Alton Brown's Four List Eating Plan

Alton Brown
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Being interested in kitchen science, I used to really enjoy Alton Brown's Good Eats show (reruns are probably still easy to find on the Food Network or the Cooking Channel). A few years ago, Mr. Brown noticed he had picked up some weight, and proceeded to lose 50 lbs. In one episode of that show ("Live and Let Diet") he explained his method. Naturally I was interested, particularly in how much carbohydrate would be featured in his eating plan.

I thought it would be fun to look at it and see what other people think.

Alton (who clearly states that not only is he not a nutritionist or doctor, and that he didn't consult a doctor) calls his way of eating the "Plan of Four Lists". He has assigned himself short lists of things to eat daily, things to eat 3 times per week, things to eat no more than once per week, and things to eat never.

There is appeal to an approach like this, because it tends to simplify your life. (I think there is a lot of value in having food rules to follow.) Alton Brown was mainly going for foods that are nutrient dense and that provide a variety of nutrients. Some of the things Alton eats would not be considered low-carb, but as a whole, I think the plan is moderate in carbs - definitely lower than the Dietary Guidelines for Americans. So it might work for someone who has difficulties with glucose, but not severe ones.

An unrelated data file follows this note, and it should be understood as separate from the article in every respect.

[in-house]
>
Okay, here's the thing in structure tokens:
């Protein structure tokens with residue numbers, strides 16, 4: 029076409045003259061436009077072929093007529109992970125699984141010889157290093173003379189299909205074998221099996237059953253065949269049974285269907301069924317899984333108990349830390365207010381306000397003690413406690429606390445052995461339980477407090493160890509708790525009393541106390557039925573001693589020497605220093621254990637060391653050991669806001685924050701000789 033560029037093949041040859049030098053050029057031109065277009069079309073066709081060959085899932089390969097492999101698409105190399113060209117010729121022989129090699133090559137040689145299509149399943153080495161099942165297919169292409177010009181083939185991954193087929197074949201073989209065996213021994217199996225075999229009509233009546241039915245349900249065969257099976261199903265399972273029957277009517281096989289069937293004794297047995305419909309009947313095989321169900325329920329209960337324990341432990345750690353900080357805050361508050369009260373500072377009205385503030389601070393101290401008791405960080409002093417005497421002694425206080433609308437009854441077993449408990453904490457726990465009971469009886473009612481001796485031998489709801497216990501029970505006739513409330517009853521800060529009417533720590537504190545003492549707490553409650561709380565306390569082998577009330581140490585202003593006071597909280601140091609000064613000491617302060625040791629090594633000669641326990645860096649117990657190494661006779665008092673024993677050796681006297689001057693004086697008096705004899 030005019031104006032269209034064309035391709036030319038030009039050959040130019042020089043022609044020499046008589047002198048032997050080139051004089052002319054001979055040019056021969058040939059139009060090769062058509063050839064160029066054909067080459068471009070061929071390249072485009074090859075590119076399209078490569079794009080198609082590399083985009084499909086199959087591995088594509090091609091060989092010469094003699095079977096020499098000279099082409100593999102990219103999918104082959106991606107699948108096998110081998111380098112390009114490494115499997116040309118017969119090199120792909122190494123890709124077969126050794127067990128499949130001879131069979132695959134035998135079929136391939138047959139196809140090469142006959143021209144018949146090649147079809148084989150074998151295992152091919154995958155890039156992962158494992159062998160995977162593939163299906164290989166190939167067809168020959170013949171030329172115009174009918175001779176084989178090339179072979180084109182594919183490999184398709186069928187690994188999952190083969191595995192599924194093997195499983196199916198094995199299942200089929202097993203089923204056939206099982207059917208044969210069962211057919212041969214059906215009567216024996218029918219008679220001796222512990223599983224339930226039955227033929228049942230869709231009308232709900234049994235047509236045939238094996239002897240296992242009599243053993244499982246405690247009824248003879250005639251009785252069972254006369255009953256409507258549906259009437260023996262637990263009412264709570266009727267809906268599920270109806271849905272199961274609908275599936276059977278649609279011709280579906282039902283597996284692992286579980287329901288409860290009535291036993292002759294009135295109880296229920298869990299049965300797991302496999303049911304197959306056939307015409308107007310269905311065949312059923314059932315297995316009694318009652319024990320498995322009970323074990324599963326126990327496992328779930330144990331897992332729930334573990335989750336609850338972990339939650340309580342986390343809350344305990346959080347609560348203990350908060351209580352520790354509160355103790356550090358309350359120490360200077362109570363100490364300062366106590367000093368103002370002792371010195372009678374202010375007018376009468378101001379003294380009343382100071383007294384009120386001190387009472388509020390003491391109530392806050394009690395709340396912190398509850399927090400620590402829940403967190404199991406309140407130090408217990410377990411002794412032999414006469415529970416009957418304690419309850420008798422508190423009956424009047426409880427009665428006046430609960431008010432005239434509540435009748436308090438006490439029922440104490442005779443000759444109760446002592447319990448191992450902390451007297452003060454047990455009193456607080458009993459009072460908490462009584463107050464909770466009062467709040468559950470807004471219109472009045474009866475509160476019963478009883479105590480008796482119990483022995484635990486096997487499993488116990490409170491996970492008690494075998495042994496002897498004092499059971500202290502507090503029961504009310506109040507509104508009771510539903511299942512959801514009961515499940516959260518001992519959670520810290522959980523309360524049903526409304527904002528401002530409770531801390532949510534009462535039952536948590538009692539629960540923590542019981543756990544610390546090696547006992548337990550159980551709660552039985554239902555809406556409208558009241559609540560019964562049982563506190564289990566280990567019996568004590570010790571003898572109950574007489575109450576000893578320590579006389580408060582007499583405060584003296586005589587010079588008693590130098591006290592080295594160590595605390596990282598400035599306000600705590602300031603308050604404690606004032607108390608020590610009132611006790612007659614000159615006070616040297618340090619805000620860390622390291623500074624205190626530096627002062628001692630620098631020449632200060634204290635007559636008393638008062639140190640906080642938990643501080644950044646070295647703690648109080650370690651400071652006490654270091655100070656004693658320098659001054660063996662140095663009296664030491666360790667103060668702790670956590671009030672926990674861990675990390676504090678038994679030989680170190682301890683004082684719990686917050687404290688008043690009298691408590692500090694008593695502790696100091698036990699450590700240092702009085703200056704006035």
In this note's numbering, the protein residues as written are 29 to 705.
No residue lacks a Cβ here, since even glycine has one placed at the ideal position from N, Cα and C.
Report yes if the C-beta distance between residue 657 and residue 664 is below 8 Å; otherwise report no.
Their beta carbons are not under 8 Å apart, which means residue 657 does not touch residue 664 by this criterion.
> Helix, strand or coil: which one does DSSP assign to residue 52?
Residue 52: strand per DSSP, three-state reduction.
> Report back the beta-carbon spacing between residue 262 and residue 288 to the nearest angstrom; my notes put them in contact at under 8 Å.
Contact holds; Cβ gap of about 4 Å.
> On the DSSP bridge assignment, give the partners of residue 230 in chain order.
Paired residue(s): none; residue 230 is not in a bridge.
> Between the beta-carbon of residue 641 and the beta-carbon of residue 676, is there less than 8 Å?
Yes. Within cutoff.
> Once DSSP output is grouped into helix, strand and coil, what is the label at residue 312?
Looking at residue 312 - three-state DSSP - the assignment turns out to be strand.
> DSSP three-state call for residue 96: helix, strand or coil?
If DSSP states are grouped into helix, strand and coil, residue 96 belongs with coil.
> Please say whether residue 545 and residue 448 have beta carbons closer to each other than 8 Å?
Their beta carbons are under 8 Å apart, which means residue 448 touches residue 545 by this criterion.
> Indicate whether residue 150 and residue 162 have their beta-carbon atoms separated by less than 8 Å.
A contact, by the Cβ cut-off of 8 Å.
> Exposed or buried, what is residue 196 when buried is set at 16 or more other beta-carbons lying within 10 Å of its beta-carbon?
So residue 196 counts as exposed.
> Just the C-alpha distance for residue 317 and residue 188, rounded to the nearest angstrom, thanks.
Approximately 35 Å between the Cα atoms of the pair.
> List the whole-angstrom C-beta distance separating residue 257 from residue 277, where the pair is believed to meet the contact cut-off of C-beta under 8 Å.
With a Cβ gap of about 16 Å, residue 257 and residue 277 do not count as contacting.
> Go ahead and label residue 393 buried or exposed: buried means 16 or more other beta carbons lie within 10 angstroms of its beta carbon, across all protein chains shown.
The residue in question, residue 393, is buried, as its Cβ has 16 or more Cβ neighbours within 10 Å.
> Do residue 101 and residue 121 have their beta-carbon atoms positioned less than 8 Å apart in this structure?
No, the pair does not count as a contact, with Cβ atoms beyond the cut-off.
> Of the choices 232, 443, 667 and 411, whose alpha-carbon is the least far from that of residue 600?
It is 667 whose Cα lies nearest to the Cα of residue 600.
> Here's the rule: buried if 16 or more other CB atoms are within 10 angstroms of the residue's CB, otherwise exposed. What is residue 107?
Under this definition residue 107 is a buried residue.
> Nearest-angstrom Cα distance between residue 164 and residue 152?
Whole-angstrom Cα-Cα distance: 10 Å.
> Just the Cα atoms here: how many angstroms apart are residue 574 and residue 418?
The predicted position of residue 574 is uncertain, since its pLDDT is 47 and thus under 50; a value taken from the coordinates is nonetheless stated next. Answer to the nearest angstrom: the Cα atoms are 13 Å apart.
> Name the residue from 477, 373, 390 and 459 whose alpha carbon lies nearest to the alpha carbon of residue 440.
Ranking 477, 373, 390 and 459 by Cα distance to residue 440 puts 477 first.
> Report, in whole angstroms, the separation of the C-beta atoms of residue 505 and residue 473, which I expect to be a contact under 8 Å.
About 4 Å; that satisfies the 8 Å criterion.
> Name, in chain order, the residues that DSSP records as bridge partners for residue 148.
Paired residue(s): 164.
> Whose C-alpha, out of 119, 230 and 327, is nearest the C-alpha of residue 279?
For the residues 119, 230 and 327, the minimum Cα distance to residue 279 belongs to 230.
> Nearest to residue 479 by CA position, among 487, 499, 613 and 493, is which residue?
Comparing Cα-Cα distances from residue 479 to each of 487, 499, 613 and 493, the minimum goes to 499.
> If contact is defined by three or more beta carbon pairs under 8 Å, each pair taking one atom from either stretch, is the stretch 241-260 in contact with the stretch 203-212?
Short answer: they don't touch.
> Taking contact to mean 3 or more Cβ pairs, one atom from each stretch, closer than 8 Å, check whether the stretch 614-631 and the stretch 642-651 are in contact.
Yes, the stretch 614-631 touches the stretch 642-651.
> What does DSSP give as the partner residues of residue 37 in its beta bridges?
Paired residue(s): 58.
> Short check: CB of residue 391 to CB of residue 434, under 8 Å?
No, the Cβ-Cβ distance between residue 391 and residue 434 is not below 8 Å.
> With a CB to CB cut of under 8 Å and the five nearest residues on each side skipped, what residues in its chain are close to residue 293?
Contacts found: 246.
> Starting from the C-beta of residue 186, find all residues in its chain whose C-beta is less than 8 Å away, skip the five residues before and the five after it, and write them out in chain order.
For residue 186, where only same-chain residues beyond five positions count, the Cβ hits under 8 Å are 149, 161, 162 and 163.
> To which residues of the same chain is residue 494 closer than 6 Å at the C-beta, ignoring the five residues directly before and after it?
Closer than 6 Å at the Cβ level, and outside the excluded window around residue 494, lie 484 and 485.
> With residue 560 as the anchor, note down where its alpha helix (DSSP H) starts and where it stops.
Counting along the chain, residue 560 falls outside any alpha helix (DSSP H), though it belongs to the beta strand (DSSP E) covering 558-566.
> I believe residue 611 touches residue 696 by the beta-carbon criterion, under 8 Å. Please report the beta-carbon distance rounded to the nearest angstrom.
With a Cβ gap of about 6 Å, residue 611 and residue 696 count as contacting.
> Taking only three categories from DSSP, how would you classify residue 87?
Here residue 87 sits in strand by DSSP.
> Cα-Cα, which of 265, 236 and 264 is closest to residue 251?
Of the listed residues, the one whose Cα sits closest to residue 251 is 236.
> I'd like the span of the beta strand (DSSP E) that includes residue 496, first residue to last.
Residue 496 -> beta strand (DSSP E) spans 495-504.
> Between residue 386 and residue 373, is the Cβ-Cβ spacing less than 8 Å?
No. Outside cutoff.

A couple of adjustments would lower the carbs without significantly lowering the nutrients.

Alton Brown's "Eat Daily" List -

Fruits

Whole Grains

Leafy greens

Nuts

Carrots

Green tea

Comment: Of course, the grains are the item which stands out as being carby, and really not at all necessary in a nutritious diet.

Carrots have gotten a bad rap because they are root vegetables, but they aren't as high in carbs as a lot of people think, and they are packed with nutrients. Most (but not all) people can eat at least one serving of low-sugar fruit per day. I agree that eating nuts and greens daily is an excellent idea. I haven't tried to create a list-type approach myself, but I would definitely put adequate protein and some olive oil on this daily list.

Alton Brown's "Eat Three Times Per Week" list -

Oily fish (wild salmon, sardines, etc)

Yogurt

Broccoli

Sweet potatoes

Avocado

Comment: I would choose carrots or pumpkin as a lower-carb way to get the carotenoids and other nutrients in orange vegetables. Otherwise, I like this list.  I would also expand broccoli to include other vegetables in that family of cruciferous vegetables - cabbage, cauliflower, Brussels sprouts, etc, and probably emphasize that it's better to eat these vegetables even more often.

Alton Brown's "Only Once per Week" list -

Pasta

One alcoholic drink

Red meat

Dessert

Comment: I don't think it's necessary to limit red meat this much, although limiting processed meats such as baloney and hot dogs could be a good idea.

Alton Brown's "Zero Times per Week" list -

Fast food

Soda

Processed meals

Canned soups

"Diet" anything (no artificial sweeteners)

Comment: Getting a burger without the bun at the drive-through once in awhile or having a little artificial sweetener aren't probably going to be horrible choices, but in general I agree with this list.

Notes: Alton doesn't drink milk because it makes him want cookies, cake, etc. He has a breakfast smoothie with reminds me a little of the Eades' (of Protein Power) Paleolithic Punch (though Alton adds soy milk to his).

What would your lists look like?

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